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Contact's share price rocketed off its Friday close of $5.50 to initially trade up 80c to $6.35. The shares finished the day at $6.22.
In mid-February, Contact took its shareholders and the market by surprise, announcing it was looking to invest $1 billion, generated over five to eight years, in Pacific Rim geothermal markets, a sector where its major shareholder, Australian company Origin Energy, has Indonesian geothermal interests.
Analysts at the time correctly predicted a shareholder backlash.
Its share price subsequently slid 12% from $6.30 to a low of $5.52.
Contact chief executive Dennis Barnes said yesterday that after considering offshore investment, there were ''no material investment opportunities available'' which could reward shareholders but Contact could support increased distributions to shareholders.
A fully imputed special dividend of 50c per share would be paid on June 23.
Following the announcement, international ratings agency Standard & Poor's yesterday reaffirmed Contact's credit rating, at BBB and outlook stable, saying its decision to concentrate on the New Zealand market removed ''some uncertainty'' from Contact's business risk profile.
Forsyth Barr broker Andrew Rooney said the decision was ''positive in two ways'' for shareholders.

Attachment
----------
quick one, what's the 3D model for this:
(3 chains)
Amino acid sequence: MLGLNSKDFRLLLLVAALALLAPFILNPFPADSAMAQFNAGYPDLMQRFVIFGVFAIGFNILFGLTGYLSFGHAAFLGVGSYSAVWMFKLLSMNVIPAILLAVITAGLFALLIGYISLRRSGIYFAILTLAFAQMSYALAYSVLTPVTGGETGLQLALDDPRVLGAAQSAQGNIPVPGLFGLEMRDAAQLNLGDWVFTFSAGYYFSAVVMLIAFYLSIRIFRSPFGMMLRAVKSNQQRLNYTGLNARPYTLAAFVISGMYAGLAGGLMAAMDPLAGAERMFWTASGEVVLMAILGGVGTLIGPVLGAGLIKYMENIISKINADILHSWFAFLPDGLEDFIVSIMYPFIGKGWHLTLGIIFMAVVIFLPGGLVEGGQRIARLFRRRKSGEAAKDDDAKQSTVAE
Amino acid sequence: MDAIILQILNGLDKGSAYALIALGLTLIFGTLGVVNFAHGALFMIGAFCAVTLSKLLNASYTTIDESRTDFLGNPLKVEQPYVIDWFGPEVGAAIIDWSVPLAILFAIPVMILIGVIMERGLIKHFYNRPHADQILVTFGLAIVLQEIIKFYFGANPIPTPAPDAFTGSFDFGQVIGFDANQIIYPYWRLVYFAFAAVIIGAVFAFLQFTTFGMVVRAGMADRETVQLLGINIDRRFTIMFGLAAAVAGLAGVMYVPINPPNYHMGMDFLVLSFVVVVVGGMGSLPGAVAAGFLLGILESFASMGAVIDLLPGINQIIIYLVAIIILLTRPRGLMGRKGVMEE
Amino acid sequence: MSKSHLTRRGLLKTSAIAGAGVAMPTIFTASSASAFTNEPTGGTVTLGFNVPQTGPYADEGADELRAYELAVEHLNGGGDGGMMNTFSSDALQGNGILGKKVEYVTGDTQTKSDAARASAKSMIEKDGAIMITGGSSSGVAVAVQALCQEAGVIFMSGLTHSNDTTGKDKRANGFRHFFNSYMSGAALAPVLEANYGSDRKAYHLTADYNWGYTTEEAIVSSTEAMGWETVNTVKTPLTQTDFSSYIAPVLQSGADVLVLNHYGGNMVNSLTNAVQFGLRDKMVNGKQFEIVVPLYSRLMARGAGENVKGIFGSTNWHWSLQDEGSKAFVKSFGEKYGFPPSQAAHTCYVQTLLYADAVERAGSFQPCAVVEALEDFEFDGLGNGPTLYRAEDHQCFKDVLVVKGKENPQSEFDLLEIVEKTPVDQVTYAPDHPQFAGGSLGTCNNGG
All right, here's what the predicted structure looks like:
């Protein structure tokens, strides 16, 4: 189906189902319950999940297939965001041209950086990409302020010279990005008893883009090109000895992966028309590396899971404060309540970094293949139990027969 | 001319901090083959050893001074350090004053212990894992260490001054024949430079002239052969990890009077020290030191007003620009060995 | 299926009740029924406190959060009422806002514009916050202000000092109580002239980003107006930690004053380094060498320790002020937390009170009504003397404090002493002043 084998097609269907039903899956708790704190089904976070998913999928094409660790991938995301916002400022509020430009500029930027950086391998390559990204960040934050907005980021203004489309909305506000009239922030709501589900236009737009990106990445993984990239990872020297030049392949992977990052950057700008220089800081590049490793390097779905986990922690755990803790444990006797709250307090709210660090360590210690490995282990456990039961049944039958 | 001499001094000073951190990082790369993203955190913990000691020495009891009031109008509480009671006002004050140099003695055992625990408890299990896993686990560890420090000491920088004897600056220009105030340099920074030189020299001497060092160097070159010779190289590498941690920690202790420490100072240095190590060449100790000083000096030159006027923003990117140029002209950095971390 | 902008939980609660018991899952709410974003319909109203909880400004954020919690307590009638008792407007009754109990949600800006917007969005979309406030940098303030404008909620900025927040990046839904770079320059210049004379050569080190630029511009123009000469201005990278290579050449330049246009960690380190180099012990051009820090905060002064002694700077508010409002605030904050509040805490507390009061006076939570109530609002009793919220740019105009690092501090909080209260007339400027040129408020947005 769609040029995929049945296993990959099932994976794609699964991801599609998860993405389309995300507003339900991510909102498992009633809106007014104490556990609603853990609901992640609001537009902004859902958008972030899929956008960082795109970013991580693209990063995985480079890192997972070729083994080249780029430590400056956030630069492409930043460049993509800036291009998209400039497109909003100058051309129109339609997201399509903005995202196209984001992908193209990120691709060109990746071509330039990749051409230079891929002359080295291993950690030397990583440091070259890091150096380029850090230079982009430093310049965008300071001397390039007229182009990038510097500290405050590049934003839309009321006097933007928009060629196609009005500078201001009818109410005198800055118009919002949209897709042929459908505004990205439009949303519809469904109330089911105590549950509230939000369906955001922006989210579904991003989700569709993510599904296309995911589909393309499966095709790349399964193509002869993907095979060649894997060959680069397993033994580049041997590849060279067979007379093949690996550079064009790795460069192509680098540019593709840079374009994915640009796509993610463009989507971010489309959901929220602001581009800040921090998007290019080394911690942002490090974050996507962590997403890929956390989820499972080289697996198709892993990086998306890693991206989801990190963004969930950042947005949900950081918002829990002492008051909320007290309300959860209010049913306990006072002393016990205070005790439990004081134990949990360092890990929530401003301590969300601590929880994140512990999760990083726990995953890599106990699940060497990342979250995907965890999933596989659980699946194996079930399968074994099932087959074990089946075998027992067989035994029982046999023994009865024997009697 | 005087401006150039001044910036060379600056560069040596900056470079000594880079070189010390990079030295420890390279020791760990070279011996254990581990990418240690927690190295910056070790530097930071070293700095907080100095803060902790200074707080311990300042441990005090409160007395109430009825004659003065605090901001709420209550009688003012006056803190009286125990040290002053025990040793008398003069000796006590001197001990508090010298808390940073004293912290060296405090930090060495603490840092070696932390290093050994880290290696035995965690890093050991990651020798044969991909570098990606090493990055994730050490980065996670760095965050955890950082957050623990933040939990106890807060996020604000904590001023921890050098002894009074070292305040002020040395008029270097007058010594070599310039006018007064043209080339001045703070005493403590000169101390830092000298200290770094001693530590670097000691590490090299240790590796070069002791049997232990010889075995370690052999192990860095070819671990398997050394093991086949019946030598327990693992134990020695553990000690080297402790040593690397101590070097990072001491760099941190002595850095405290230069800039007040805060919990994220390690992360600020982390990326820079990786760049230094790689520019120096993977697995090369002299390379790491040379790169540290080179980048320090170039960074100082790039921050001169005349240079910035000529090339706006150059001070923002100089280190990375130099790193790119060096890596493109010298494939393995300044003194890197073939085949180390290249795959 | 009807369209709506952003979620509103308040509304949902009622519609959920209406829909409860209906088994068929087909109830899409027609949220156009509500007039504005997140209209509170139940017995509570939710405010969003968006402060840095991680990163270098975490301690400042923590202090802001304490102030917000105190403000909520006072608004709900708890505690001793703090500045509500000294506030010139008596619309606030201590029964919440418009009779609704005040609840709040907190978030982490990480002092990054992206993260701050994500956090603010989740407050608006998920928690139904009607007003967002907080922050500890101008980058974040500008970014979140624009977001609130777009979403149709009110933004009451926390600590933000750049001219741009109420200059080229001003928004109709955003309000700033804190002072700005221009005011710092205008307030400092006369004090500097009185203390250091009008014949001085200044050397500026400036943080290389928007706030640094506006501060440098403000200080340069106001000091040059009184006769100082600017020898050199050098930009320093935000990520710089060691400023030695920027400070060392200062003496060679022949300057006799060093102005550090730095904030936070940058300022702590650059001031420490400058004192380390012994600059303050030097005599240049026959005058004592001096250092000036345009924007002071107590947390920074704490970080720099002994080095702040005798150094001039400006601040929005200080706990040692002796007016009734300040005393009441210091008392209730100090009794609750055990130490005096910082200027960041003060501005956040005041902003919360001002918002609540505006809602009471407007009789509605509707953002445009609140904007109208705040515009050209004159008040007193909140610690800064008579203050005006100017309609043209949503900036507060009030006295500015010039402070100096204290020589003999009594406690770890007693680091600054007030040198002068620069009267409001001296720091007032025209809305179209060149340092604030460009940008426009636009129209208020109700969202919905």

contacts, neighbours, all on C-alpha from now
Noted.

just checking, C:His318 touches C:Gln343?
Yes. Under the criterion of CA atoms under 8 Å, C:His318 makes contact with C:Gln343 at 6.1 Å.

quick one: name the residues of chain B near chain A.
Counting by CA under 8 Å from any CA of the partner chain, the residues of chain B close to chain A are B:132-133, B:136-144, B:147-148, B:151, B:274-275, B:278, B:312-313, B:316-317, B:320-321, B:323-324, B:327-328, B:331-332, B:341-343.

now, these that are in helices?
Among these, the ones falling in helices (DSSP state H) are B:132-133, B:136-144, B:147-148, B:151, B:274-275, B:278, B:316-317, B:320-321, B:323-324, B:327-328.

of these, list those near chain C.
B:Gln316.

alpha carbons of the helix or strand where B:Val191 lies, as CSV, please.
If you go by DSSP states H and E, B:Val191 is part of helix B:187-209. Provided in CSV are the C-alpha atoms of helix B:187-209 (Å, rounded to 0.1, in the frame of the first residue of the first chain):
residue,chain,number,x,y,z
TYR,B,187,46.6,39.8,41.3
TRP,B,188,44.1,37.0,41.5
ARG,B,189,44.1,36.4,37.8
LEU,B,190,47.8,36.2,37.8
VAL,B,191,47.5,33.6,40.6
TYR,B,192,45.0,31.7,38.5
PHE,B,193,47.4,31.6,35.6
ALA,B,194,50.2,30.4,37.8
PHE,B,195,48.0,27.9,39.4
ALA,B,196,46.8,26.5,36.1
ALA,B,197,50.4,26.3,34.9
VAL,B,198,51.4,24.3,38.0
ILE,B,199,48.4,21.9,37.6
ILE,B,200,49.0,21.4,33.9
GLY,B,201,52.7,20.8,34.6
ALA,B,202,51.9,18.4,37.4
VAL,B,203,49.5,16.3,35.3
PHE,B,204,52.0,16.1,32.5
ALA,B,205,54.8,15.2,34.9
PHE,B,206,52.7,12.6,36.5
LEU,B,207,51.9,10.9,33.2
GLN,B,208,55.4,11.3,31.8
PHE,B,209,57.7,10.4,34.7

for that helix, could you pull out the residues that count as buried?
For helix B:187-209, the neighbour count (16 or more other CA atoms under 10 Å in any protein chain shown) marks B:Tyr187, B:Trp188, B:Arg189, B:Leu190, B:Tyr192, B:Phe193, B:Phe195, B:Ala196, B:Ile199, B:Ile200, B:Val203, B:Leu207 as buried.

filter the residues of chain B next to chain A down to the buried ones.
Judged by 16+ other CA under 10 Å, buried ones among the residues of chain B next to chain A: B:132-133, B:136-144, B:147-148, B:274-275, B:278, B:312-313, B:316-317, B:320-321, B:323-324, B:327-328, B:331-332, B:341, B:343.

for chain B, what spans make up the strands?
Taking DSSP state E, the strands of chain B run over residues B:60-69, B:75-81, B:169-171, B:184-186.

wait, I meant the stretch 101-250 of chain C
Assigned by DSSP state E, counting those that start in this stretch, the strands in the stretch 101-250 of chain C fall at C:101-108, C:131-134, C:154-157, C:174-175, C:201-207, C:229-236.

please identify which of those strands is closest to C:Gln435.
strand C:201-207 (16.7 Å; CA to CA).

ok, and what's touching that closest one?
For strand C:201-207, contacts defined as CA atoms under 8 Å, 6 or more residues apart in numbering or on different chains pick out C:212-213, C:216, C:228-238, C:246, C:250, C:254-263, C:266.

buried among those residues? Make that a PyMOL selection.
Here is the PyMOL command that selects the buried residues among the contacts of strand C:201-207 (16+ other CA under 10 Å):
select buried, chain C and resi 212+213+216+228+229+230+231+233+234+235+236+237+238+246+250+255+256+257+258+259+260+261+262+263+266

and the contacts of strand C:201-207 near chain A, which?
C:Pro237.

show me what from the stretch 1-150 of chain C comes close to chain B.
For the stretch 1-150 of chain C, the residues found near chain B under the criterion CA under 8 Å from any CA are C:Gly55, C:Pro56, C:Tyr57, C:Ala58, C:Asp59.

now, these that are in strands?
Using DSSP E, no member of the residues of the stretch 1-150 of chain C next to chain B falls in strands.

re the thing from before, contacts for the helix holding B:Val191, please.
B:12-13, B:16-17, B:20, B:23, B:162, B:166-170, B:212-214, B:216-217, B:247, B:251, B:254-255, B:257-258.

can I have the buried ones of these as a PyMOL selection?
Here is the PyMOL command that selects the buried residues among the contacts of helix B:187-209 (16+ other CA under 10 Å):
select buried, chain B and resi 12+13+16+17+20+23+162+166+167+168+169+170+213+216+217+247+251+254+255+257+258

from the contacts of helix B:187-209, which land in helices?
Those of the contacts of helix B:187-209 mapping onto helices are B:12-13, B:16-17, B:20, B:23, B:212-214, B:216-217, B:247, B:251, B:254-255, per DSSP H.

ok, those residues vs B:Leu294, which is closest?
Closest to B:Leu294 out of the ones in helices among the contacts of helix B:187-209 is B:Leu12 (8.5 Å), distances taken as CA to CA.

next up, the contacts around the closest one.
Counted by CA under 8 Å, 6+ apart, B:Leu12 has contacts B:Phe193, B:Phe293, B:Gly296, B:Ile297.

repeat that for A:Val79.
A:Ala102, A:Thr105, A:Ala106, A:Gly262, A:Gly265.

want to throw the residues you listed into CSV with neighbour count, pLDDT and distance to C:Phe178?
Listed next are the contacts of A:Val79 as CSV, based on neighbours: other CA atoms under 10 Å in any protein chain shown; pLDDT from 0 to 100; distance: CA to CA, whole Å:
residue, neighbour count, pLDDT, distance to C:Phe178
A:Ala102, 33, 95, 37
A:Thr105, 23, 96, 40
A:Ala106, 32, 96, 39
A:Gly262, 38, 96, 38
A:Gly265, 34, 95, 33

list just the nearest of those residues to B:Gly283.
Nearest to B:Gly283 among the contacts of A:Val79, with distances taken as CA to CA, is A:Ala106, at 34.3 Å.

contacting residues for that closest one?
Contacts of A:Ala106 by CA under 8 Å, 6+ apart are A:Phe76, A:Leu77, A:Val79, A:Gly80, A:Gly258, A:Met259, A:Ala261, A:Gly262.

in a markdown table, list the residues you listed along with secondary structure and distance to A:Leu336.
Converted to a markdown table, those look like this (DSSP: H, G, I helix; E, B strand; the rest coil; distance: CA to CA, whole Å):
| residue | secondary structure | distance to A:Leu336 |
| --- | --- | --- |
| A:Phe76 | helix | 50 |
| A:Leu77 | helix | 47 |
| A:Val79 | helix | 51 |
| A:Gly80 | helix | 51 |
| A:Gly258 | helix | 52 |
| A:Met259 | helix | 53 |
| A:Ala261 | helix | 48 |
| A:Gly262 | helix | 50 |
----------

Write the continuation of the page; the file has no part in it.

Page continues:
''First, it means Contact has seen sense. Investors had given Contact a clear message they weren't impressed with the idea of international geothermal and were highly sceptical any opportunities existed,'' he said.
And secondly, it appeared that Contact was driving the international geothermal decision, not Origin Energy, Mr Rooney said.
Craigs Investment Partners broker Peter McIntyre said while the dividend was a ''significant payout'' for Contact, it was expected to have strong cashflows in the coming three years.
On the question of debt levels, Mr McIntyre said net debt stood at $1.28 billion, but he forecast it to fall almost 30%, to $905 million by 2017.
Contact also announced a revised dividend policy of 100% of underlying after-tax profit.
Mr McIntyre said the new dividend policy had given the market ''a massive amount of confidence''.
Mr Rooney said based on Forsyth Barr forecasts, that equated to a payout ratio of 65% to 70%, which is well below the other electricity generator-retailers' range of 75% to 90%.
''Contact has indicated that surplus cash is still likely to be returned to shareholders, most likely via buybacks,'' he said.
The new dividend policy implied a lower dividend than Forsyth Barr's current forecast, meaning the buybacks could be ''materially large''; around $100 million a year, or 13c per share.
Standard & Poor's credit analyst Thomas Jacquot said the affirmation indicated Contact's forecast financial performance over the medium term would remain within expectations for a BBB rating.
That was despite Contact's special dividend being largely debt-funded, the potential for higher shareholder return in the future, with increased dividend payout and potential share buybacks, he said.
Mr Rooney said while the capital management news was positive operationally, Contact's earnings before interest, tax, depreciation, amortisation and financial instruments was $49 million behind a year ago.
Contact needed to match its May and June 2014 performances, which were both strong months, but risks remained to the down side operationally, Mr Rooney said.